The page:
Agatha Christie Books: A Guide to the Queen of Crime

RediksiaTuesday, 23 January 2024 | 05:13 GMT+0000
Agatha Christie Books: A Guide to the Queen of Crime
Agatha Christie Books: A Guide to the Queen of Crime

DIKSIA.COM - If you are a fan of , you have probably heard of , the most famous and prolific writer of the genre. She is known for her ingenious plots, memorable characters, and surprising twists that keep readers guessing until the end.

She created two of the most iconic detectives in literature: , the Belgian sleuth with a magnificent moustache, and , the elderly spinster with a keen eye for human nature.

She also wrote several standalone novels, short stories, plays, and even romance novels under a pseudonym. In this article, we will explore the life, works, and legacy of , the queen of crime.

Early Life and Career

Agatha Christie was born on September 15, 1890, in Torquay, England. She was the youngest of three children of a wealthy American father and a British mother. She had a happy childhood, surrounded by books and animals.

She was educated at home by her mother, who encouraged her to write stories. She also developed a passion for music, singing, and theatre.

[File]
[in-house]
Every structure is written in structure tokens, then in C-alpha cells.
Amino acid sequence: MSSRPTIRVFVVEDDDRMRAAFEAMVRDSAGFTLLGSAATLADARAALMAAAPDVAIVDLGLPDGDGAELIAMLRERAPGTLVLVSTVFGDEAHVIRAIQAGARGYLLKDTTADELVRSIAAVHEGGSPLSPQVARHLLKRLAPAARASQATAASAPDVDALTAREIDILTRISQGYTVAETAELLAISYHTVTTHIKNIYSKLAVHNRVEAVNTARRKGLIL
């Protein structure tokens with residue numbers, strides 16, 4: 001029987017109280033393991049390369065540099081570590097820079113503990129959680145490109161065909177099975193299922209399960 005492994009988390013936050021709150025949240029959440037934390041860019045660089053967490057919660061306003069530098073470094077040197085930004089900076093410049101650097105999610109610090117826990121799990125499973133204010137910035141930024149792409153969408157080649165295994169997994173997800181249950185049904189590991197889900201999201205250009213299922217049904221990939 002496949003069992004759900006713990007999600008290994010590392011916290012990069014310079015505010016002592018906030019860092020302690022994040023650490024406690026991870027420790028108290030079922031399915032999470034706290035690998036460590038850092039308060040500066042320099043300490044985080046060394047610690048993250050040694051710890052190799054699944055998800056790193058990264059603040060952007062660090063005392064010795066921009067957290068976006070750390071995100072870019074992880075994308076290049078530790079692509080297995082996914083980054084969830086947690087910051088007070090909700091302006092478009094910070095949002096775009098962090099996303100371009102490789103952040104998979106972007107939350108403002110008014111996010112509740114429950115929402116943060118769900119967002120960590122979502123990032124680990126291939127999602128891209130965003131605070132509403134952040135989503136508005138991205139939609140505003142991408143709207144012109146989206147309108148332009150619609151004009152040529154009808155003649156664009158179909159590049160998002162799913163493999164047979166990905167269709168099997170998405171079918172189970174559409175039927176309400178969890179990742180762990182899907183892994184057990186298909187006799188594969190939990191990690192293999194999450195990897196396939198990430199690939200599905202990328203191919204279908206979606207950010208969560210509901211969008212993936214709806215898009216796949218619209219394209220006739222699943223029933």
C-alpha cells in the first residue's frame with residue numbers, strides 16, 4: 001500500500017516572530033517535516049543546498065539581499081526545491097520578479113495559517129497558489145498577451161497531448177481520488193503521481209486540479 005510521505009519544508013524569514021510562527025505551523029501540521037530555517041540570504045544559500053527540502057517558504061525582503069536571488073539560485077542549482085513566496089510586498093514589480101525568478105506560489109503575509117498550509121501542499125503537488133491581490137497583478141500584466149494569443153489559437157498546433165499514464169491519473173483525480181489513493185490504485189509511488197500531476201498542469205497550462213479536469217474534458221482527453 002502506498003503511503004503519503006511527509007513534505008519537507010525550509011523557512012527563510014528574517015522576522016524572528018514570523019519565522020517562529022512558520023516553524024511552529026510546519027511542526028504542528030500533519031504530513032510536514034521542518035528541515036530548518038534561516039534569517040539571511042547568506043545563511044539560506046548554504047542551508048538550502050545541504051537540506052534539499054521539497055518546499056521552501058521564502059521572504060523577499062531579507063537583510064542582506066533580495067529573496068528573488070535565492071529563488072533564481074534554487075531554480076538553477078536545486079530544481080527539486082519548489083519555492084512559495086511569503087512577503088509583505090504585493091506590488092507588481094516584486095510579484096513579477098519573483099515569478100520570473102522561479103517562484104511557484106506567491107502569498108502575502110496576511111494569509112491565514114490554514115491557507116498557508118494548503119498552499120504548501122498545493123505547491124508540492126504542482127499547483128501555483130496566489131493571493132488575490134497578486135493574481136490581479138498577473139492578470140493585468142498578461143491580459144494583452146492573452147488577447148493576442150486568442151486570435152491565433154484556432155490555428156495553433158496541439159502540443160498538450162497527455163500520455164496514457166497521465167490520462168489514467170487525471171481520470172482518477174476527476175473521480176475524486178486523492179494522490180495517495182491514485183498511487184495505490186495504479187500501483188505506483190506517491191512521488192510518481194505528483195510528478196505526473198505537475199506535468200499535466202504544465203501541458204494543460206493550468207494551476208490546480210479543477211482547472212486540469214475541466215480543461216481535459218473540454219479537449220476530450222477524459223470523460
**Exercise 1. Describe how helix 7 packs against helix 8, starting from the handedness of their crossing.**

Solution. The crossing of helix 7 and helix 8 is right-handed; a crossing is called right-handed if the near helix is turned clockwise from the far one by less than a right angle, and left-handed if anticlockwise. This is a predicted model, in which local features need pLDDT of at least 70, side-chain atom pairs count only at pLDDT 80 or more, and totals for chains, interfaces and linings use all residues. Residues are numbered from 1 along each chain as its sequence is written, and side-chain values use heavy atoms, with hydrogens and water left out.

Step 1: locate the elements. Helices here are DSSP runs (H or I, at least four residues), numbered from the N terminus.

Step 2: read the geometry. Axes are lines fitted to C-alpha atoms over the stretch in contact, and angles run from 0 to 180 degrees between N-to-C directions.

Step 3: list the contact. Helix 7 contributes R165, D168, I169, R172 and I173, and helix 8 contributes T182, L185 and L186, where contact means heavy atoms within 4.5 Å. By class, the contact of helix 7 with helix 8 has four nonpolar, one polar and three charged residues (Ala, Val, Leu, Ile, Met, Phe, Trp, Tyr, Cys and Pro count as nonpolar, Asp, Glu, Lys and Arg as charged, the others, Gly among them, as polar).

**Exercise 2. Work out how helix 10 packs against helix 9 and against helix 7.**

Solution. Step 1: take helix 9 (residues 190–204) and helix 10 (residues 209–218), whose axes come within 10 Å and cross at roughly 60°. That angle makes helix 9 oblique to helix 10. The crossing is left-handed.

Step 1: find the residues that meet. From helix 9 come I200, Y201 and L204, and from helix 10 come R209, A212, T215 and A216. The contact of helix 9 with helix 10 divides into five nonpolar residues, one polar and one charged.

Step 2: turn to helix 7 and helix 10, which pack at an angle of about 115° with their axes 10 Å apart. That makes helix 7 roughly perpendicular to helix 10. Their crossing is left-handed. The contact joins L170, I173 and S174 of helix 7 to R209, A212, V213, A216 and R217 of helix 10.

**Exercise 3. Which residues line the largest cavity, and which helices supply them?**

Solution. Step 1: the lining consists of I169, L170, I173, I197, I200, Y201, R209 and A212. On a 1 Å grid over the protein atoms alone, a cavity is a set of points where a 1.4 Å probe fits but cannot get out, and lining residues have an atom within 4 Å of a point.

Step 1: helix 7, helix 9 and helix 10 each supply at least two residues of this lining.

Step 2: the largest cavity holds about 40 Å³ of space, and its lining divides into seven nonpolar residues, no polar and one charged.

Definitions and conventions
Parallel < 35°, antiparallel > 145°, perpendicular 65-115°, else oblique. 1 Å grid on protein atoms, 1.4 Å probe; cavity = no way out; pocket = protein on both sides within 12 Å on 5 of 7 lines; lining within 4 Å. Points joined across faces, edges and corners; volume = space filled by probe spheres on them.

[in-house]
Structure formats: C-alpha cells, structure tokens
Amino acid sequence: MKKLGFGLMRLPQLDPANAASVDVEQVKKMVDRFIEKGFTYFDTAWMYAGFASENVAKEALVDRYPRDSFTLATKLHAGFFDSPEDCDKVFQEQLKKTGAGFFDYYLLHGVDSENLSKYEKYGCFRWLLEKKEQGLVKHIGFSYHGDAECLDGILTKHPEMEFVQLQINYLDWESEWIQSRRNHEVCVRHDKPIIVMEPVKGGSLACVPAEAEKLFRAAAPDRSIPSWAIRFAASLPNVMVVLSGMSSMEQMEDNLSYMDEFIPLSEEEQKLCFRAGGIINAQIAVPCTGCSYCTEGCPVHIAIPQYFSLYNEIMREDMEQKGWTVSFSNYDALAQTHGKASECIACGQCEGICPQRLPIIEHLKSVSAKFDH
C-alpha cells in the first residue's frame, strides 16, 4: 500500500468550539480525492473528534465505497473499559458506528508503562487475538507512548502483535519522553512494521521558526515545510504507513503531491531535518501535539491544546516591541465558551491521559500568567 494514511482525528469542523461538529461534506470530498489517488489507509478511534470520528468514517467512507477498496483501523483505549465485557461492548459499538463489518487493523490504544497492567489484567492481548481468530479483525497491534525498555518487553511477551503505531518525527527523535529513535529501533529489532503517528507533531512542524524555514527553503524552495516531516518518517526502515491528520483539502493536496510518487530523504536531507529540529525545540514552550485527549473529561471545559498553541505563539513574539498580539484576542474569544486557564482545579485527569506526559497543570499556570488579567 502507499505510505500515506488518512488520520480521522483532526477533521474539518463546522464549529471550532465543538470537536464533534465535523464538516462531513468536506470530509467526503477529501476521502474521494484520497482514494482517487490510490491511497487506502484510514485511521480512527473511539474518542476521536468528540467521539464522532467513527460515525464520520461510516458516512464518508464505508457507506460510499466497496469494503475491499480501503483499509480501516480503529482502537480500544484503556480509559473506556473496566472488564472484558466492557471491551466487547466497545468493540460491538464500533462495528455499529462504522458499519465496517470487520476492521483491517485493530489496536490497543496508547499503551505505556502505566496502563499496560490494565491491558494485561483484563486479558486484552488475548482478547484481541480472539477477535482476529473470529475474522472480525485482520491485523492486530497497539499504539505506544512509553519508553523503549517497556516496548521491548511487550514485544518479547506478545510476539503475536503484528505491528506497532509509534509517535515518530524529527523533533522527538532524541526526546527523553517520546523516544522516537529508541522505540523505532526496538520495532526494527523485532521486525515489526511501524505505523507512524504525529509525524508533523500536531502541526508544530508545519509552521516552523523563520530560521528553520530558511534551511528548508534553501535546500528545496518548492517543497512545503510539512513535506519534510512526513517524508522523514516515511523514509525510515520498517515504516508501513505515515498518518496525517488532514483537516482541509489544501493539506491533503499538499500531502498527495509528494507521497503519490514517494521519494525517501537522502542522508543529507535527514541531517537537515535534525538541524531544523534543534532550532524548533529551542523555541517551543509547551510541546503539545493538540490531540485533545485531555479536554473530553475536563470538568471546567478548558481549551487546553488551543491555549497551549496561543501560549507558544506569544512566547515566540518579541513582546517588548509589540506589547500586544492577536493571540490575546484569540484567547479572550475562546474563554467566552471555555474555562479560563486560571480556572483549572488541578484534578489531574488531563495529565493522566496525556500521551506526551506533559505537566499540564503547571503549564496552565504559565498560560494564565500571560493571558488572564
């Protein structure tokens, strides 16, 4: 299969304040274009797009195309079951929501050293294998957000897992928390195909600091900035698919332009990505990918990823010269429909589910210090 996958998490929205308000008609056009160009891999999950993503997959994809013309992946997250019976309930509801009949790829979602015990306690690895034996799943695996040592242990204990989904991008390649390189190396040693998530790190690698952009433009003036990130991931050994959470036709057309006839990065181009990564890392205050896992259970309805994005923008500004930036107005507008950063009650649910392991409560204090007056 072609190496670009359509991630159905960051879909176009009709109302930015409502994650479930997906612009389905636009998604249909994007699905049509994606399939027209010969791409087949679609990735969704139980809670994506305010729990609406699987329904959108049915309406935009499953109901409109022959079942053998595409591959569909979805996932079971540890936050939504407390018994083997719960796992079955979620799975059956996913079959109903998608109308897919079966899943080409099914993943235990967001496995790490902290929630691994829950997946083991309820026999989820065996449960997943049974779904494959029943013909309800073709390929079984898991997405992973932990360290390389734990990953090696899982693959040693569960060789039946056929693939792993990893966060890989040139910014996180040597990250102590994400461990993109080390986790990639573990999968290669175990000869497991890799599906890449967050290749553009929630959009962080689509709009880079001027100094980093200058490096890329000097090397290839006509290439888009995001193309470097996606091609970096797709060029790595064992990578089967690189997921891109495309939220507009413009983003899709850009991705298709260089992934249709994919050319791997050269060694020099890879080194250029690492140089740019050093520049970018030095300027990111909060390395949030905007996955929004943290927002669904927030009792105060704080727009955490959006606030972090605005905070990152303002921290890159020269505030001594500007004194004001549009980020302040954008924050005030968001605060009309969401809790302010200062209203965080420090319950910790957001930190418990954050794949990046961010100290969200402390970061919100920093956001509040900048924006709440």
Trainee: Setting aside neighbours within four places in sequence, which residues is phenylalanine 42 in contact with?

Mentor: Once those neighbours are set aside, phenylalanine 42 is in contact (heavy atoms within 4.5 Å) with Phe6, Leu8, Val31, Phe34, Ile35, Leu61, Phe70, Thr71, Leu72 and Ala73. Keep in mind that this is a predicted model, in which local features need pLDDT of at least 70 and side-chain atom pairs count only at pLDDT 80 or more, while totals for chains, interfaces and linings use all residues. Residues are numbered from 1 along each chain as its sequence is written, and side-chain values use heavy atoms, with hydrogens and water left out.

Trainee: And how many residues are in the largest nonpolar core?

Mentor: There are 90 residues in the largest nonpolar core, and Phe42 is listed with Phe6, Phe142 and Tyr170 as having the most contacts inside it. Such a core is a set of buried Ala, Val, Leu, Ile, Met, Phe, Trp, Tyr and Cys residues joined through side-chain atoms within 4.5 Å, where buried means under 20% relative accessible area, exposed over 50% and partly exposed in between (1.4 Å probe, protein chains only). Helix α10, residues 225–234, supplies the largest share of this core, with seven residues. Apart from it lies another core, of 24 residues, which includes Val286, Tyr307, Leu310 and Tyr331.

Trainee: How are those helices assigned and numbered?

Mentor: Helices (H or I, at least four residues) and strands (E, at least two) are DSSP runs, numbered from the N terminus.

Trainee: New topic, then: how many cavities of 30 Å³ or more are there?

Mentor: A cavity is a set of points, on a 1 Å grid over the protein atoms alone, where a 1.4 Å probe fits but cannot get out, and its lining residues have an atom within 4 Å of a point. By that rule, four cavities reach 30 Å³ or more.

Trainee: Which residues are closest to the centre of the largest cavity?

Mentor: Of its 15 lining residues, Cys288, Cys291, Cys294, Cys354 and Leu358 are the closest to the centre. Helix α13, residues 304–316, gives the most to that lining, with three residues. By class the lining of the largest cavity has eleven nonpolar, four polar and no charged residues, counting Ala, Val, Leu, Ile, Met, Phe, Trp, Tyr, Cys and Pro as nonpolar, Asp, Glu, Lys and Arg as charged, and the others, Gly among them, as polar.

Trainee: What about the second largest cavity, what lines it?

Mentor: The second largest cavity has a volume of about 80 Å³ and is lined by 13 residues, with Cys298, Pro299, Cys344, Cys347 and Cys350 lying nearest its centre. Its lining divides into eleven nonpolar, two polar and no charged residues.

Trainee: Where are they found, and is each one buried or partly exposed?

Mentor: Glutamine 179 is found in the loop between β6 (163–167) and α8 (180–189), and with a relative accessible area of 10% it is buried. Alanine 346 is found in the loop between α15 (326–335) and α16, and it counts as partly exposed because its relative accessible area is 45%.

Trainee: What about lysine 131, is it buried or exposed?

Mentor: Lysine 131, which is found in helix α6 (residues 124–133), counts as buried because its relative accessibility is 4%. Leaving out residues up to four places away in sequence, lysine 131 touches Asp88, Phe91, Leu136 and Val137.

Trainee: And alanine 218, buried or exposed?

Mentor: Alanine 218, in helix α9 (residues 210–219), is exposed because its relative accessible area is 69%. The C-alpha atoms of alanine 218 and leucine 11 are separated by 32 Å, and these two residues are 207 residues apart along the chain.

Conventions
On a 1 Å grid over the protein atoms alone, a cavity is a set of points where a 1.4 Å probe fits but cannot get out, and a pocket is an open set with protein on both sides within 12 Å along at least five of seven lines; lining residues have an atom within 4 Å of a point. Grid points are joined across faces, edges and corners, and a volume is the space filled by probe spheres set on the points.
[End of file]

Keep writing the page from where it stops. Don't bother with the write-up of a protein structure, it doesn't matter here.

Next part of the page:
She married Archibald Christie, a military officer, in 1914, and had one daughter, Rosalind, in 1919. During World War I, she worked as a nurse and a pharmacist, which gave her a knowledge of poisons that she later used in her novels.

She published her first novel, The Mysterious Affair at Styles, in 1920, introducing to the world. She continued to write and publish regularly, gaining popularity and recognition.

The Disappearance and the Divorce

In 1926, Agatha Christie's life took a dramatic turn. Her mother died, and her husband asked for a divorce, having fallen in love with another woman. On December 3, she disappeared from her home, leaving behind a note saying she was going to Yorkshire.

Her car was found abandoned near a lake, with her fur coat and suitcase inside. A massive search was launched, involving thousands of police officers, volunteers, and even airplanes. The media speculated wildly about her fate, suggesting suicide, murder, or amnesia.